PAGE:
HCP Live
Contagion LiveCGT LiveNeurology LiveHCP LiveOncology LiveContemporary PediatricsContemporary OBGYN

Obesity in children with medical complexity

In a recent study, it was found that children with medical complexity are at a greater risk of overweight and obesity compared to children without medical complexity.

Children with medical complexity (CMC) are much more likely to be obese or overweight than those without medical complexity, according to a recent study.

CMC are children with underlying chronic health conditions, significant functional status limitations, and increased hospitalization risk. About 1% to 11% of children in the United States are CMC and make up more than 30% of total pediatric health care costs.

Obesity, defined as a preventable public health problem, affects more than 1 in 3 US children, and has been linked to impaired life quality, decreased lifespan, and health inequities.

For CMC, obesity could be a cause of comorbidities such as delays to life-saving medical procedures, limitations to functional status, and increased risk of infection and chronic conditions. However, the prevalence of obesity among CMC has not been recorded.

To determine the prevalence of obesity among CMC, investigators conducted a retrospective cohort study. The study period occurred from January 1, 2019, to December 31, 2019, in a single health system.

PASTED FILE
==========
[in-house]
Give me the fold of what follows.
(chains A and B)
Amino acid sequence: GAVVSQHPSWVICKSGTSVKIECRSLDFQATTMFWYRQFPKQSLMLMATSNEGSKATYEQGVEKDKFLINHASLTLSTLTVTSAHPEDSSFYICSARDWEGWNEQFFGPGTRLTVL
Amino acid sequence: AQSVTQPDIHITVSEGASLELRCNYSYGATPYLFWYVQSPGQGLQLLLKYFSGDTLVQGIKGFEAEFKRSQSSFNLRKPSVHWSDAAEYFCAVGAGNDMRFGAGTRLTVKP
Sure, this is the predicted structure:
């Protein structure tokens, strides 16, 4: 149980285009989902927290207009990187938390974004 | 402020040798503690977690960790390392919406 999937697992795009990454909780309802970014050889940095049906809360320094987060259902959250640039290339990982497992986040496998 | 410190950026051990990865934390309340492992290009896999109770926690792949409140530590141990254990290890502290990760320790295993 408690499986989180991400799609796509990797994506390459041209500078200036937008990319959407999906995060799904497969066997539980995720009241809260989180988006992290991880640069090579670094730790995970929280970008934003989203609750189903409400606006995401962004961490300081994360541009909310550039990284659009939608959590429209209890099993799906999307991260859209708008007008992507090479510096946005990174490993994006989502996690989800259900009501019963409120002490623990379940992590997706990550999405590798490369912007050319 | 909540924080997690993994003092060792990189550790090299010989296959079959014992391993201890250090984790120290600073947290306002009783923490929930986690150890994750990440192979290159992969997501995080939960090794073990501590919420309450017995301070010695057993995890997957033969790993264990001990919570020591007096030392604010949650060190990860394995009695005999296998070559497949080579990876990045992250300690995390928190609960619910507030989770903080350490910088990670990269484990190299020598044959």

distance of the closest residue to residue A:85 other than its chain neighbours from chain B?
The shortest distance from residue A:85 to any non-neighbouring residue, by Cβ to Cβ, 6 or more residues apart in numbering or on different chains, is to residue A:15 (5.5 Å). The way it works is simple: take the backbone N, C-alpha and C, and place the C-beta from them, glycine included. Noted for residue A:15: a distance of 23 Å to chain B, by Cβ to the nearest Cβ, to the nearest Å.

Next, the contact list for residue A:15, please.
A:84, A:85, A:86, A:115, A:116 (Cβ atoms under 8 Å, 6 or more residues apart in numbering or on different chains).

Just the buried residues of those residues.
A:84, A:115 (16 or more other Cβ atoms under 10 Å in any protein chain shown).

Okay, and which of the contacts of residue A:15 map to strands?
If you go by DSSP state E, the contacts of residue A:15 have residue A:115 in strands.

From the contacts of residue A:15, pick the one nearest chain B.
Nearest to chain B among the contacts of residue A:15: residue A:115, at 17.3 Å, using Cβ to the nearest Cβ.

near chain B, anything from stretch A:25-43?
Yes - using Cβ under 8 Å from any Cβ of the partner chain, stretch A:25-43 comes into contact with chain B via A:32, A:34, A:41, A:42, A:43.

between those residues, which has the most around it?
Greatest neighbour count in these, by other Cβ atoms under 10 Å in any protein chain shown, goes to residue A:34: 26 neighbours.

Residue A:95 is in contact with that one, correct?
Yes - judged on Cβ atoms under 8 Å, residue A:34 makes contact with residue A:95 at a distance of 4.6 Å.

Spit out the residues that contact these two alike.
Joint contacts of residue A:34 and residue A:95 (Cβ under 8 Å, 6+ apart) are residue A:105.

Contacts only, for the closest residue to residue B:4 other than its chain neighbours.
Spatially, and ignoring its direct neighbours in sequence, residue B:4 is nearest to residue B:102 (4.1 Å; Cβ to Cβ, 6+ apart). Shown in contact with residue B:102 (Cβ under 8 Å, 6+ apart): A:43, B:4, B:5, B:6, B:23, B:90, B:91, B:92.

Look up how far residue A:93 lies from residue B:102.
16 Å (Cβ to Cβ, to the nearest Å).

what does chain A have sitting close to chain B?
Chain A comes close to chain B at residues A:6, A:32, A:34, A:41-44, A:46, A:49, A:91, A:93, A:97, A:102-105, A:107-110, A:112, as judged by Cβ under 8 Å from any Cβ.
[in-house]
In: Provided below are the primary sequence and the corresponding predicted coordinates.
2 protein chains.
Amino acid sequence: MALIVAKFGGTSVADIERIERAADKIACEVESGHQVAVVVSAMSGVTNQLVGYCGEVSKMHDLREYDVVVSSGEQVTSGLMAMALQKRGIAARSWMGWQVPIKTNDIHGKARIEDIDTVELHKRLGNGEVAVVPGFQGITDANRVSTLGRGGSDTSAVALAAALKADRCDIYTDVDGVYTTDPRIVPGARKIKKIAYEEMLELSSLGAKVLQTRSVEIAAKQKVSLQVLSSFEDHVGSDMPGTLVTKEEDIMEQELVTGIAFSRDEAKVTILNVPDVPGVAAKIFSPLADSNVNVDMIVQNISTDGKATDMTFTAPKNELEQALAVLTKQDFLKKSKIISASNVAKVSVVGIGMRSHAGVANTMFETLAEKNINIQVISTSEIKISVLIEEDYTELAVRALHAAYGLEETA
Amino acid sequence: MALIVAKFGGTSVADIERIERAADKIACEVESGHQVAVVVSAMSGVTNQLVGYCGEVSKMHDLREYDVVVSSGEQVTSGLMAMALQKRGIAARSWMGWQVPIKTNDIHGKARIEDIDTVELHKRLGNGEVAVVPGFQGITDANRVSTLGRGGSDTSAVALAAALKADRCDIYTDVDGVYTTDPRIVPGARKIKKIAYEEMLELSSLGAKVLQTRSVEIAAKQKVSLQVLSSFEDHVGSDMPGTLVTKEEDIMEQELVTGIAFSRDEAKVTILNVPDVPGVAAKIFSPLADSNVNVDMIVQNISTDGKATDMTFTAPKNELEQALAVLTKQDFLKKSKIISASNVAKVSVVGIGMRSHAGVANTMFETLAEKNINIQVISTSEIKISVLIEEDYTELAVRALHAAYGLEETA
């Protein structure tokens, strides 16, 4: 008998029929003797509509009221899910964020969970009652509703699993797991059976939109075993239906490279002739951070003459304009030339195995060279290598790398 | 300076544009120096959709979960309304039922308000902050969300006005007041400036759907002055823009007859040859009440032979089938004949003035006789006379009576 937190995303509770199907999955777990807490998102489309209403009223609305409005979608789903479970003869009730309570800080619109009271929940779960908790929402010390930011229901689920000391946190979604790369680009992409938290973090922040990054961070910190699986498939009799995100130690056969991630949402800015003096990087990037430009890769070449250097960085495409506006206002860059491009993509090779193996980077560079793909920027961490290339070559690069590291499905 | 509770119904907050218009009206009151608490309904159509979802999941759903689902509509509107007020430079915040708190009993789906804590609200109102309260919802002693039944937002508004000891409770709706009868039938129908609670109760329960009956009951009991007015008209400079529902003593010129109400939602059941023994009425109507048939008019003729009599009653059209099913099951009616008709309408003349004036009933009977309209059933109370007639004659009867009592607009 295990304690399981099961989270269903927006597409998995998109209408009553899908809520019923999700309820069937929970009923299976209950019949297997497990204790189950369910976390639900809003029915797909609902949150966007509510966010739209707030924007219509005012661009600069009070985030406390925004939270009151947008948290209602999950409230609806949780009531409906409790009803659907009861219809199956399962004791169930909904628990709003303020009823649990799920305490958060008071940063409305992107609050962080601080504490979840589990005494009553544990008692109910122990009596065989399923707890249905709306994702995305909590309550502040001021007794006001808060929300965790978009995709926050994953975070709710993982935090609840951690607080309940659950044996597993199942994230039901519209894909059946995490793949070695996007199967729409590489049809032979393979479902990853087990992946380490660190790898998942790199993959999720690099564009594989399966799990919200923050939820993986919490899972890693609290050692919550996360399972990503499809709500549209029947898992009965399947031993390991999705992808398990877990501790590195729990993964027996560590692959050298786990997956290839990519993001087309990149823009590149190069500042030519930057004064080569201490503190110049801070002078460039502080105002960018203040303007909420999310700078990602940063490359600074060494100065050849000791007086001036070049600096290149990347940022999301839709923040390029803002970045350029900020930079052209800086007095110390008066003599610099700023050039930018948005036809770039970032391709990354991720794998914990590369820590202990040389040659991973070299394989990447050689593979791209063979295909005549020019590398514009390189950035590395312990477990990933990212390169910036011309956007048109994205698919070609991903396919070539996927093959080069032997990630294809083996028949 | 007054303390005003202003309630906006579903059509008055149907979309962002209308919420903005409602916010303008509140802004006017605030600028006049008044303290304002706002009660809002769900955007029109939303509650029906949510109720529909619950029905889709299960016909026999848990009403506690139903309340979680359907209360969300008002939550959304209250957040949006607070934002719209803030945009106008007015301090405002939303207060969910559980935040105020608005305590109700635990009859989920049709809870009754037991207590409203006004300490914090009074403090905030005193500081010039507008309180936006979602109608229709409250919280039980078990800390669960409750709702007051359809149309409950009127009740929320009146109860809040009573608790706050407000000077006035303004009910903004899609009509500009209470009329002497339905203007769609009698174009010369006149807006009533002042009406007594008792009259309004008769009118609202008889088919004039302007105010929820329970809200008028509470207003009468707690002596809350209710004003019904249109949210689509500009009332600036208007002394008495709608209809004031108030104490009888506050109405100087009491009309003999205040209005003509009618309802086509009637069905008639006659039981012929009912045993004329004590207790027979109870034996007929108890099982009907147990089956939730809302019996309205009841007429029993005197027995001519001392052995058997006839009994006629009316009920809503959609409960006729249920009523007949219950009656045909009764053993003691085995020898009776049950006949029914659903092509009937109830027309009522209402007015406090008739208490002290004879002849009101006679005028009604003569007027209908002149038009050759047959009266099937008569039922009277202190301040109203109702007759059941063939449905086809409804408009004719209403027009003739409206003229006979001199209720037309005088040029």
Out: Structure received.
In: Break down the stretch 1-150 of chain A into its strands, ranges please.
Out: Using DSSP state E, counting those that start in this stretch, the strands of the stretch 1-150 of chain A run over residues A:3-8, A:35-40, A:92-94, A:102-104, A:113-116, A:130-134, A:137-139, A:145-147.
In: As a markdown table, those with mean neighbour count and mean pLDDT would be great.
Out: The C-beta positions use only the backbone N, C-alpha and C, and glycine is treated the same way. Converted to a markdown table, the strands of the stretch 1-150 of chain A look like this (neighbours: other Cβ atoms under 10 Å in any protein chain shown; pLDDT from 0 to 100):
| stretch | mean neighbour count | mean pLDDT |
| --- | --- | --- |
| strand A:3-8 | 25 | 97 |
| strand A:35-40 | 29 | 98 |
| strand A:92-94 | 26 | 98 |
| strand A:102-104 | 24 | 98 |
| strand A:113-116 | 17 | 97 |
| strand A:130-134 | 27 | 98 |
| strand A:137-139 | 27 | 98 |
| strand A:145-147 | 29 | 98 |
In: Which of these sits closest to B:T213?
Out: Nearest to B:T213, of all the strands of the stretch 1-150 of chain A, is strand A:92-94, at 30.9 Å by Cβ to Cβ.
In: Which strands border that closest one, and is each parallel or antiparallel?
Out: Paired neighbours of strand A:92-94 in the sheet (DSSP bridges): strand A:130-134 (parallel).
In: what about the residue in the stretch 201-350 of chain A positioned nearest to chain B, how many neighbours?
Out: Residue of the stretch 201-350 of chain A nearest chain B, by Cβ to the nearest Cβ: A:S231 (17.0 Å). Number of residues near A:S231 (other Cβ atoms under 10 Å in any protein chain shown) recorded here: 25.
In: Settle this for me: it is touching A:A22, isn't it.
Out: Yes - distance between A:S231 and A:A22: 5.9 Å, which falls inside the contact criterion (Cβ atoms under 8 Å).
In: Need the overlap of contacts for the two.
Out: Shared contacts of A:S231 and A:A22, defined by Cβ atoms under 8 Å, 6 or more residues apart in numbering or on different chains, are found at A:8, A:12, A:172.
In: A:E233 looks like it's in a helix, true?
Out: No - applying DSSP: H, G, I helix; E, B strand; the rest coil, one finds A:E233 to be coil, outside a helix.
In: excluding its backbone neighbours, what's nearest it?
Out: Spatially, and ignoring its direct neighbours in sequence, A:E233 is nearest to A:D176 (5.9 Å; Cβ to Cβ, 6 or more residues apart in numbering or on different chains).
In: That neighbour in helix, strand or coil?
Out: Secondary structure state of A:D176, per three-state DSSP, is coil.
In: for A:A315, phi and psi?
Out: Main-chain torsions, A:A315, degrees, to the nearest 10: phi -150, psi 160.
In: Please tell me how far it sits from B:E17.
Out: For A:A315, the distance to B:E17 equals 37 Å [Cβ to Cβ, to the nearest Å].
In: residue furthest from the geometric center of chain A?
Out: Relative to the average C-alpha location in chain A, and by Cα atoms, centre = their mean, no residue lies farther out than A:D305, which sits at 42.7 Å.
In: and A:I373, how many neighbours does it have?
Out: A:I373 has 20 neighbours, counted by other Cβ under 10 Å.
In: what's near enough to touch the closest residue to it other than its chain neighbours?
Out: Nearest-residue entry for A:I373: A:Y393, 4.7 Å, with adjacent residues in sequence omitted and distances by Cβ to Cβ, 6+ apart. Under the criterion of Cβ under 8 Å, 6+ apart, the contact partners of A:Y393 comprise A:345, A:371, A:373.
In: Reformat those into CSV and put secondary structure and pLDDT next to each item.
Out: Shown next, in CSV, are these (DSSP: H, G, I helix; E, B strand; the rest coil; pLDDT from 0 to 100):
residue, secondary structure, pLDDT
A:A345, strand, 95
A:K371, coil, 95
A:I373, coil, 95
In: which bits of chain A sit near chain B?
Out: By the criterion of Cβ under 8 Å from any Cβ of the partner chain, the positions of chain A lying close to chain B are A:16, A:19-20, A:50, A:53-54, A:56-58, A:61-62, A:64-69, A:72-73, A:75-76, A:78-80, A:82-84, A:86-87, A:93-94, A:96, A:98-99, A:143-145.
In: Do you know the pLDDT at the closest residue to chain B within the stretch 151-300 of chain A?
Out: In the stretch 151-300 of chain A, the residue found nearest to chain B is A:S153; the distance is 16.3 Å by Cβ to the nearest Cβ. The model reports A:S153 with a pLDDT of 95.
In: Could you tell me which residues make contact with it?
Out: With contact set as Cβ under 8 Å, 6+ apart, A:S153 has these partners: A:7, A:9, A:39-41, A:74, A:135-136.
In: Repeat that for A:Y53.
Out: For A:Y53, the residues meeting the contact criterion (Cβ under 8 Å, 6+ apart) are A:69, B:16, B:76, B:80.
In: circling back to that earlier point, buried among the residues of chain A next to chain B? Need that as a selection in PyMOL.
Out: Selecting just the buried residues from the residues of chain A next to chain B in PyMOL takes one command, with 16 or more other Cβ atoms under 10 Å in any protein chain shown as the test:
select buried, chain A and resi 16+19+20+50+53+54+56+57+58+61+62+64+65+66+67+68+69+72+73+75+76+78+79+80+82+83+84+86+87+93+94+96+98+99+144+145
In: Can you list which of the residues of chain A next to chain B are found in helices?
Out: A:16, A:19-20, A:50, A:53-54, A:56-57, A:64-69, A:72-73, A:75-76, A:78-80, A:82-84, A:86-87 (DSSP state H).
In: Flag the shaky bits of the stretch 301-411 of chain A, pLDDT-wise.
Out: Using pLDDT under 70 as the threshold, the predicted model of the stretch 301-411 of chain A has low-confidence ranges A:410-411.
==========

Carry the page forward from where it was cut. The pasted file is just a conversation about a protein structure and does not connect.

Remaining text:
Participants included children aged 2 to 18 years, with patient specific data gathered from the Stanford Medicine Research Data Repository. Children were excluded from the study if they did not have a valid weight and height recorded for at least 1 clinical encounter.

The primary outcome of the study was childhood overweight or obesity, using the definition provided by the Centers for Disease Control and Prevention. Independent variables included sociodemographic characteristics linked to obesity risk, medical characteristics linked with illness severity, and potential mediators and moderators.

There were 12 non-mutually exclusive CMC subgroups: gastrointestinal conditions, respiratory conditions, neurologic and neuromuscular conditions, congenital and genetic conditions, cardiovascular conditions, renal and urologic conditions, malignancy conditions, metabolic conditions, hematologic and immunologic conditions, neonatal and prematurity conditions, technology dependance, and transplant recipients.

The risk of overweight was 14.5% in CMC and 11% in non-CMC, compared to 17.4% in CMC and 7.3% in non-CMC for obesity. CMC were at greater risk if they were Hispanic or Black, had public insurance, and had parents whose preferred language was Spanish.

About 8% of CMC had obesogenic medical conditions. CMC with metabolic conditions, gastrointestinal conditions, and malignancies saw the greatest risks of obesity and overweight, while enteral feeds and being female saw reduced risks.

After adjustments, investigators found that CMC were 27% more likely to be overweight or obese compared to non-CMC. This study indicated that system-level interventions could be designed to reduce obesity among CMC.

Reference

PeinadoFabregat MI, Saynina O, Sanders LM. Obesity and overweight among children with medical complexity. Pediatrics. 2022;151(1). doi:10.1542/peds.2022-058687